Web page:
Five ways to make the Chase better
DAYTONA BEACH, Fla. -- Less than three years into the Chase for the championship, NASCAR chairman Brian France wants to tweak his title-crowning format.
He's just not 100 percent sure what he wants to do to it.
France could widen the field to include more than 10 drivers, or he could reduce it. He might tinker with the way points are awarded, or he might place a larger emphasis on winning.
There's also an outside chance France might shuffle the final 10 races, giving the eligible drivers a variety of tracks to conquer.
It's all a mystery right now because France himself doesn't know what he wants to do. The only thing that's certain is that the drivers are praying he gets it right.
Since the Chase debuted in 2004, making that 10-race "playoff" has become the benchmark in NASCAR. The drivers who are in it get a shot to win the Nextel Cup title, make more money, get more attention and keep the sponsors happy with increased exposure.
Those who fail to qualify have nothing to gain except perhaps playing the spoiler and stealing a victory over the final stretch of the season. For them, next year is all that matters.
"If you're not in the Chase, you're a nobody," said Greg Biffle, a sideline spectator in 2004 who rallied to finish second in last year's Chase.
"Those are kind of harsh words, but that's what everybody wants. You get recognized. They talk about you. You're part of the series. Those 10 drivers are the top level of the sport."
Since France is thinking about making adjustments, here are five that would make the Chase better:
= Keep the field at 10 drivers.
Only the best of the best in any sport deserve a chance to win the overall championship. Yes, leagues such as the NBA and NHL have postseasons so large that teams hovering right around -- and sometimes below -- .500 can make it into the playoffs.
But NASCAR shouldn't head that way. Only the 10 drivers who have managed to overcome every blown tire, every brush with the wall and every failing part deserve to run for the championship.
= Place a premium on winning, such as a 50-point bonus.
Some believe that any driver who wins a race should automatically qualify for the Chase. That theory has flaws because victories come in all shapes and forms.
One driver could steal a win by stretching a tank of gas, or a road-course ringer who only drives two events a year might pull one out. That shouldn't qualify them for championship consideration.
Consistency still needs to be rewarded. If the Green Bay Packers lose more games than they win during a season, they shouldn't make the playoffs just because one of those victories came against the Super Bowl champions.
But if NASCAR gave bonuses for winning, then Jeff Gordon gets in last year based on the 150 extra points he received for winning three times.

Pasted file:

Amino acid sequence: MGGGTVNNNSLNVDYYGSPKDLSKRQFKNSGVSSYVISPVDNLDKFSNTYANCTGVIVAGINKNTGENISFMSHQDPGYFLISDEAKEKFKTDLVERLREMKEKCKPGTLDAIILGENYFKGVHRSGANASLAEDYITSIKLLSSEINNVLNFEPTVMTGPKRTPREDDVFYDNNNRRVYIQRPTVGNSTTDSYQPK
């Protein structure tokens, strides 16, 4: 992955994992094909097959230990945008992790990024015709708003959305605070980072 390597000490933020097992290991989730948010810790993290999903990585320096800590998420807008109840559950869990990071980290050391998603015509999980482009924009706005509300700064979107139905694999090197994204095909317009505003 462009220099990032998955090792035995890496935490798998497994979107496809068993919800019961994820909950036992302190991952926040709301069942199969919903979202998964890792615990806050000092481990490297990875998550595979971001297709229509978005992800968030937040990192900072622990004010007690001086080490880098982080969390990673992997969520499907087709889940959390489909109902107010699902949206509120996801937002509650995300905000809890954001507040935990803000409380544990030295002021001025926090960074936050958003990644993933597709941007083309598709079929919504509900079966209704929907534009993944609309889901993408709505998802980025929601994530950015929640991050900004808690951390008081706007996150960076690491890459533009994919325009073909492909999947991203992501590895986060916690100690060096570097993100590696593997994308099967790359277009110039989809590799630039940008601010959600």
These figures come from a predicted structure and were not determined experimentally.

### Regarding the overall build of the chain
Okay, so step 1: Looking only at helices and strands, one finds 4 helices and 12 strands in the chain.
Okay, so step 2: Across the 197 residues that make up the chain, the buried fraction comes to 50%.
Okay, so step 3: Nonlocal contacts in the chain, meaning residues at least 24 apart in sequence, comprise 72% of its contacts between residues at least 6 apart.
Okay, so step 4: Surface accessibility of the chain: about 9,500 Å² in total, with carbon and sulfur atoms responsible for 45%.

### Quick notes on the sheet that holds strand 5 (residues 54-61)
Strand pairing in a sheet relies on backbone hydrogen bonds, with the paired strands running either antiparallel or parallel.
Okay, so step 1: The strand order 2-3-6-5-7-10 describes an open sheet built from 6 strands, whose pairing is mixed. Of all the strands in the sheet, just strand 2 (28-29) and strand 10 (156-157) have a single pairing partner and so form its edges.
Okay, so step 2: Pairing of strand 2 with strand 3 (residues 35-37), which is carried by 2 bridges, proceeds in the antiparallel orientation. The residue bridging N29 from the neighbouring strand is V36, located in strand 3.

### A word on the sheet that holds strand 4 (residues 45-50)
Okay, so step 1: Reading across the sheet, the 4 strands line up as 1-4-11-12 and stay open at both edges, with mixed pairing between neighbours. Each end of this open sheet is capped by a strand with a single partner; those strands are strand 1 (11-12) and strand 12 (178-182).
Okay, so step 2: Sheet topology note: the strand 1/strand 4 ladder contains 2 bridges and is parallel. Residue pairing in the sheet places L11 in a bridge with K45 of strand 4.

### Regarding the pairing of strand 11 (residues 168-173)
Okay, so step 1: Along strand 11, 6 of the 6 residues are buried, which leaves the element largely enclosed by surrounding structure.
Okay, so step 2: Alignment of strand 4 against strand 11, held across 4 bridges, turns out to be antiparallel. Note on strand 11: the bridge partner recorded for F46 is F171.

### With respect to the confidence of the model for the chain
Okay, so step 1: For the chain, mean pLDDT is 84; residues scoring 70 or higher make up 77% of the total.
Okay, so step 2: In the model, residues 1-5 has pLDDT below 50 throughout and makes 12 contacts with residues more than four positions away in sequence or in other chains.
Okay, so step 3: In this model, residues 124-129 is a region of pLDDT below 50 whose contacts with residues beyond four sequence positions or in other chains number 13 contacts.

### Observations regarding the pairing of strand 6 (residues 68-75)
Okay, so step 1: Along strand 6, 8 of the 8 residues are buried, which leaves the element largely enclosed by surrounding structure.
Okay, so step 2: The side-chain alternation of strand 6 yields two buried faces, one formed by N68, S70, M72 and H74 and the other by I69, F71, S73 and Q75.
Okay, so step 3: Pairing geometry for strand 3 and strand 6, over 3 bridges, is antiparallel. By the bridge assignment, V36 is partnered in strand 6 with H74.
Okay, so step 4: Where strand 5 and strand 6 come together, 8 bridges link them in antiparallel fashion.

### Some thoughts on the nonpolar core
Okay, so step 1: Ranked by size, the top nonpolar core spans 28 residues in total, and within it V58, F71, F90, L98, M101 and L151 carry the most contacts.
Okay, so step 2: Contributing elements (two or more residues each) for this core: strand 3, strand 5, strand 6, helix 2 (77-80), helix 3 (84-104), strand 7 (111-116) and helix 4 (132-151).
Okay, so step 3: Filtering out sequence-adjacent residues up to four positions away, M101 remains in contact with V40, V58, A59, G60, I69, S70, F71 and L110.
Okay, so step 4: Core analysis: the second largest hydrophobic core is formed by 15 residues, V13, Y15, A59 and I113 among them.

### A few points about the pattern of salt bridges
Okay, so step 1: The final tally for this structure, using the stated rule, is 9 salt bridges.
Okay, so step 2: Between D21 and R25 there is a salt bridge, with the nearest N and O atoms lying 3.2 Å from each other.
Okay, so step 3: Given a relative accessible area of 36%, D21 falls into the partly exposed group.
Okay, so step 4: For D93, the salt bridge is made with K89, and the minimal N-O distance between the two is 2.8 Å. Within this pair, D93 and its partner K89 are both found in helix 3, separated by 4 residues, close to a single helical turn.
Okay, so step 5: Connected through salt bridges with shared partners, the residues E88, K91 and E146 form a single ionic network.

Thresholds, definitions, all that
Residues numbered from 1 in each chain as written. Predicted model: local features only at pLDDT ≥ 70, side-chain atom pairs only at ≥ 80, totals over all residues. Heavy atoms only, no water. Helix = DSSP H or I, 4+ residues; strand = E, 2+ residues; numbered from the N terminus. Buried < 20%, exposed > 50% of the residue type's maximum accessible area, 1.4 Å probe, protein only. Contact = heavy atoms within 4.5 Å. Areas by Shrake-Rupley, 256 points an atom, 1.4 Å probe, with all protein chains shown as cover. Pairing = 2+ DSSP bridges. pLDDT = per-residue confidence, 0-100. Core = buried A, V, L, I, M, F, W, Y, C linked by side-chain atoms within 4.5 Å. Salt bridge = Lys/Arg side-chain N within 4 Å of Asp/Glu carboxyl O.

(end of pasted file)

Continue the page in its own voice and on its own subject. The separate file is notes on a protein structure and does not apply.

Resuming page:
= Make it a real playoff.
As it stands, all 10 drivers race for 10 races and no one is eliminated from contention.
But in reality, half of those drivers don't stand a chance to win the title after the third or fourth event because they've already fallen so far behind in the points.
The 2004 Chase had a dramatic, dream ending for NASCAR, with five drivers mathematically eligible to win the title when they headed to the finale. But last year wasn't nearly as exciting, with Tony Stewart simply needing a decent top-15 run to wrap it up.
So cut the field in half after the first five races. Those bottom five are out of contention, racing only for the monetary difference between the sixth-place payout and 10th-place earnings.
That format also keeps the excitement level over the middle stretch of the Chase, where interest has been waning the past two years. But if drivers are facing elimination after the fifth race, more people will pay attention.
= Give the Chase drivers their own points system.
Yes, it will be confusing to follow for the fans in the stands. But the current scoring system, based on an entire 43-car field, isn't really fair.
All it takes is for one or two Chase drivers to be caught in a non-Chase drivers' accident to end a championship run. It happened to Jeremy Mayfield, Ryan Newman and Stewart during the Chase opener in 2004, and to defending champion Kurt Busch last season.
They all got points for finishing very low in the field, had to play catch-up the rest of the season and never contended.
So score points on a sliding scale to the Chase drivers only, 20 points to the top finisher down to two points to the lowest. It keeps everyone from falling too far behind and gives them a chance to get back into contention in just one week.
= Change the schedule to offer a wider variety of tracks -- including a road course -- that test the skill sets of every driver.
Start with the final qualifying race by moving it to California Speedway, giving NASCAR the increased interest it wants in the Los Angeles market. Then open the Chase the next weekend under the lights in Richmond, Va., a short track that always produces dramatic finishes.
Then go to Darlington, NASCAR's oldest superspeedway, which is a bear to master but a test to a driver's true talent. After that comes the high speeds of Charlotte, then Talladega for an anything-goes restrictor plate race.
Next is Martinsville for another short track, followed by Kansas City, the road course in Sonoma, Calif., and another fast race in Atlanta.
Then close out the season with Texas and Homestead, Fla., in a schedule that offers a little bit of everything and hits many of NASCAR's best markets.